Are you Hungry for Fasted Training?

I have been wondering for a long time, does fasted training work for endurance sports? I need a really strong reason to stop eating carbs before, during and after exercise, so today I am going to review the evidence for and against fasted training. Does it help weight loss or performance or neither?


Early Benefits

In 1976 Alborg and Felig showed that when carbohydrates were consumed during exercise oxidation of glucose increased and lipolysis diminished (ie more carbohydrates were used as fuel and less fat).

In 1997 Horowitz found when carbohydrates were ingested before exercise that lipolysis (fat use) was suppressed…..leading to the idea for fasted Training

1983 Phinney and colleagues asked 5 cyclists to use a low carb <20 g day, high fat diet in training. Despite a ∼50% decrease in muscle glycogen concentrations with K‐LCHF, fat oxidation increased and performance was about the same


Variations in muscle glycogen storage according to training status and dietary carbohydrate (CHO) intake

Fasted training is simply performing exercise when your body is in a catabolic state (ie food is not being digested). Typically fasting starts 3 -6 hrs after eating a substantial meal (especially high protein high fibre meal).

Does fasted training burn more fats?

Yes, fasted training pushes your body towards fat use. Training with low CHO may improve mitochondrial biogenesis and oxidative metabolism [41,42,43]. Moreover, a reduction of CHO availability during 3–10 weeks of training improved enzymatic activity involved in lipid oxidation in endurance athletes [44,45,46]. Usually this higher rate of fat oxidation increases the oxygen cost of exercise at race-pace intensities (link). Exercise science has pretty well established that performing fasted cardio burns significantly more fat than performing the same bout of cardio in a fed state. A 2016 systematic review and meta-analysis including 27 studies even concluded that: [link] “aerobic exercise performed in the fasted state induces higher fat oxidation than exercise performed in the fed state.” but your body will actually burn less fat later on in the day. [13] In 2011 Paoli showed again that fat-burning was higher during fasted versus fed cardio but then using the RER (Respiratory Exchange Ratio) they found the fasted group burned more fat during their exercise but they turned to burning more carbohydrate during the rest of the day.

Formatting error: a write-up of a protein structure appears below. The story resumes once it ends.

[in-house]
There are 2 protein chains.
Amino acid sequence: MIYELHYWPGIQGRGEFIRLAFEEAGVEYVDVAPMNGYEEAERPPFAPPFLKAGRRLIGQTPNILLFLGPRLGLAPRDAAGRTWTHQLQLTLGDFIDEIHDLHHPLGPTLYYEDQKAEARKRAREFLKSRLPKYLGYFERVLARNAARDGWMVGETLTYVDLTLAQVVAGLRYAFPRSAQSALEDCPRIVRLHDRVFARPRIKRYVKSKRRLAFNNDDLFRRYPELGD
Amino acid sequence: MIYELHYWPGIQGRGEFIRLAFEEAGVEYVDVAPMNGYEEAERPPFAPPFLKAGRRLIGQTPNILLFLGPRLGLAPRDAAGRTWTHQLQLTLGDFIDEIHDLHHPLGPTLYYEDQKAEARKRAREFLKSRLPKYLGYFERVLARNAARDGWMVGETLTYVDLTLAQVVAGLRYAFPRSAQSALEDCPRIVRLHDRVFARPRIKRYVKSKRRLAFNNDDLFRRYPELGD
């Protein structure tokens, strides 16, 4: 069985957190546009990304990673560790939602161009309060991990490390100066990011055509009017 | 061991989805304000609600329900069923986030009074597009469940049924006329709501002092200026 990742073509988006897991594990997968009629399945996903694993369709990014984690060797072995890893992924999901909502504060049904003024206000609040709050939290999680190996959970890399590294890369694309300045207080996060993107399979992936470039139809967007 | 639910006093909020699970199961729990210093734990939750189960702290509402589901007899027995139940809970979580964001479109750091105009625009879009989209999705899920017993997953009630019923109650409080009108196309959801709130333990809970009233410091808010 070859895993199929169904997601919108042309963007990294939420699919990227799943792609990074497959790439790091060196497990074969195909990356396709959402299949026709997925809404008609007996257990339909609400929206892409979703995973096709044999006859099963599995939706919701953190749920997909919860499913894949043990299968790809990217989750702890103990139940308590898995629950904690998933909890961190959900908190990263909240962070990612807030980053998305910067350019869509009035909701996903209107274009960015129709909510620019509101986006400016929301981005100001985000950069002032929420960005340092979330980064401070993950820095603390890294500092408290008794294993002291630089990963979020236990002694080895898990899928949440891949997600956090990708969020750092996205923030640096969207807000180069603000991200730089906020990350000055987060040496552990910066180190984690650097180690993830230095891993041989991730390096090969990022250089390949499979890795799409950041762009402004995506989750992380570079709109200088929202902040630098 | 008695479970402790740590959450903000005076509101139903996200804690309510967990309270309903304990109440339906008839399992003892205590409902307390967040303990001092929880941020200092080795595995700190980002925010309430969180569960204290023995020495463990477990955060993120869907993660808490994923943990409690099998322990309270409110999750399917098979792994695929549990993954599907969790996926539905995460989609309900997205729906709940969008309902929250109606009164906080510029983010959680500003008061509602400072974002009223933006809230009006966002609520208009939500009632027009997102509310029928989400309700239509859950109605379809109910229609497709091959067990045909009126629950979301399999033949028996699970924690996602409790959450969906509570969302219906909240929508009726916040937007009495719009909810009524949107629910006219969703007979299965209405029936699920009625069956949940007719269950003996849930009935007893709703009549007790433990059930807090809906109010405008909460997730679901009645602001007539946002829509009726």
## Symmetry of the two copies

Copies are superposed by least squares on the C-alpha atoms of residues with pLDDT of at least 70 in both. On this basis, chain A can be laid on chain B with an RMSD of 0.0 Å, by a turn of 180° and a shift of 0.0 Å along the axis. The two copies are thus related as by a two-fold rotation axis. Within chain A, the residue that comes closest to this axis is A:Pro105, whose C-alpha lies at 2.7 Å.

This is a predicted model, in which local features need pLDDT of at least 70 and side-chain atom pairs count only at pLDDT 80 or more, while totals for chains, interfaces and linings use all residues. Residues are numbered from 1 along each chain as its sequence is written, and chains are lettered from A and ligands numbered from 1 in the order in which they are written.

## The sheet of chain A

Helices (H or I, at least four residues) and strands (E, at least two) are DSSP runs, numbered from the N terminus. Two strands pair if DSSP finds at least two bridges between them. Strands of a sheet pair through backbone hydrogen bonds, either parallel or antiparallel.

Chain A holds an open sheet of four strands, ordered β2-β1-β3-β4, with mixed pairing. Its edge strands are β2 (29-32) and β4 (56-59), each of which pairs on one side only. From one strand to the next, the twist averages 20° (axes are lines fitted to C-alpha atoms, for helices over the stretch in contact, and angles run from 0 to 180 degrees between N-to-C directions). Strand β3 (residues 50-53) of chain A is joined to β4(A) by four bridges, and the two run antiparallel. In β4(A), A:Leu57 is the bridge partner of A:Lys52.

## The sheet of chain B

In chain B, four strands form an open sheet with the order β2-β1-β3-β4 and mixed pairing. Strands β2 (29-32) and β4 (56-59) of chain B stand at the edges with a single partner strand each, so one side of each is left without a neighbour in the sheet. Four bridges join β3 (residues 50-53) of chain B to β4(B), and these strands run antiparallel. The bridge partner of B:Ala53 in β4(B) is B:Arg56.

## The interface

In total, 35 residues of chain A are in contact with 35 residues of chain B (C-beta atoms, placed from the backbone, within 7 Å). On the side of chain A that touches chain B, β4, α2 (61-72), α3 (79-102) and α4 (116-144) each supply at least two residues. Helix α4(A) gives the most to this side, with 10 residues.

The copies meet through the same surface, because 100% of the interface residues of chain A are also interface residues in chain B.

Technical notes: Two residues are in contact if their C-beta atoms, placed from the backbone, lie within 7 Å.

Fasted Training: and Weight Loss

In 2014 Schoenfeld and colleagues found that when controlling for diet, that is the same amount of caloric deficit and macronutrient breakdown, over 4 weeks fasted and fed cardio resulted in the same amount of body fat loss.


A meta-analysis published in 2017 summed up the current research on the topic (link). Conclusion? There is no effect of fasted training on weight loss


Fasted Training and Performance

A 2018 meta-analysis looked at 23 studies on fed versus fasted cardio and found no difference when workouts lasted less than an hour. The researchers did note when workouts lasted more than an hour, eating before the workout usually improved performance

.One early study (link) by Van Proeyen studied 20 cyclists training fasted vs non-fasted over 6-wks. Fasting increased muscular oxidative capacity and prevented drop of blood glucose concentration during fasting exercise but there was no effect on V̇o2max or 60-min time trial.

Volek conducted FASTER Study (link) to look at the physiological differences between elite male ultra-marathon runners with one cohort following a conventional high carbohydrate diet and the other following a low carb/fat-adapted strategy. Results show fuel partitioning a 3 hour submaximal treadmill run at 65% of VO2Max. The low-carb subjects are burning approximately 30% more fat and, consequently 30% less carbohydrate than the high-carb subject.


Low calorie (keto) diets was not effective in producing significant improvements in exercise performance at high intensity but they might be slightly better for endurance (time-to-exhaustion).


For example Terada that found an effect (16%) on time to exhaustion (LINK)



Is Fasted Training Harmful to Muscle?


Muscle loss is unlikely if you continue to train…in a study, also done during Ramadan, the fasted participants who engaged in cardio didn’t lose any lean mass by the end of the study period.


When you’re resting in a fasted state you are temporarily in a negative protein balance but this is reduced during fasted training and as soon as you consume protein (eg soon after finishing the workout) will be back in a positive protein balance. So as long as you’re consuming some protein by the end of the day, you don’t have to worry about muscle loss when training fasted.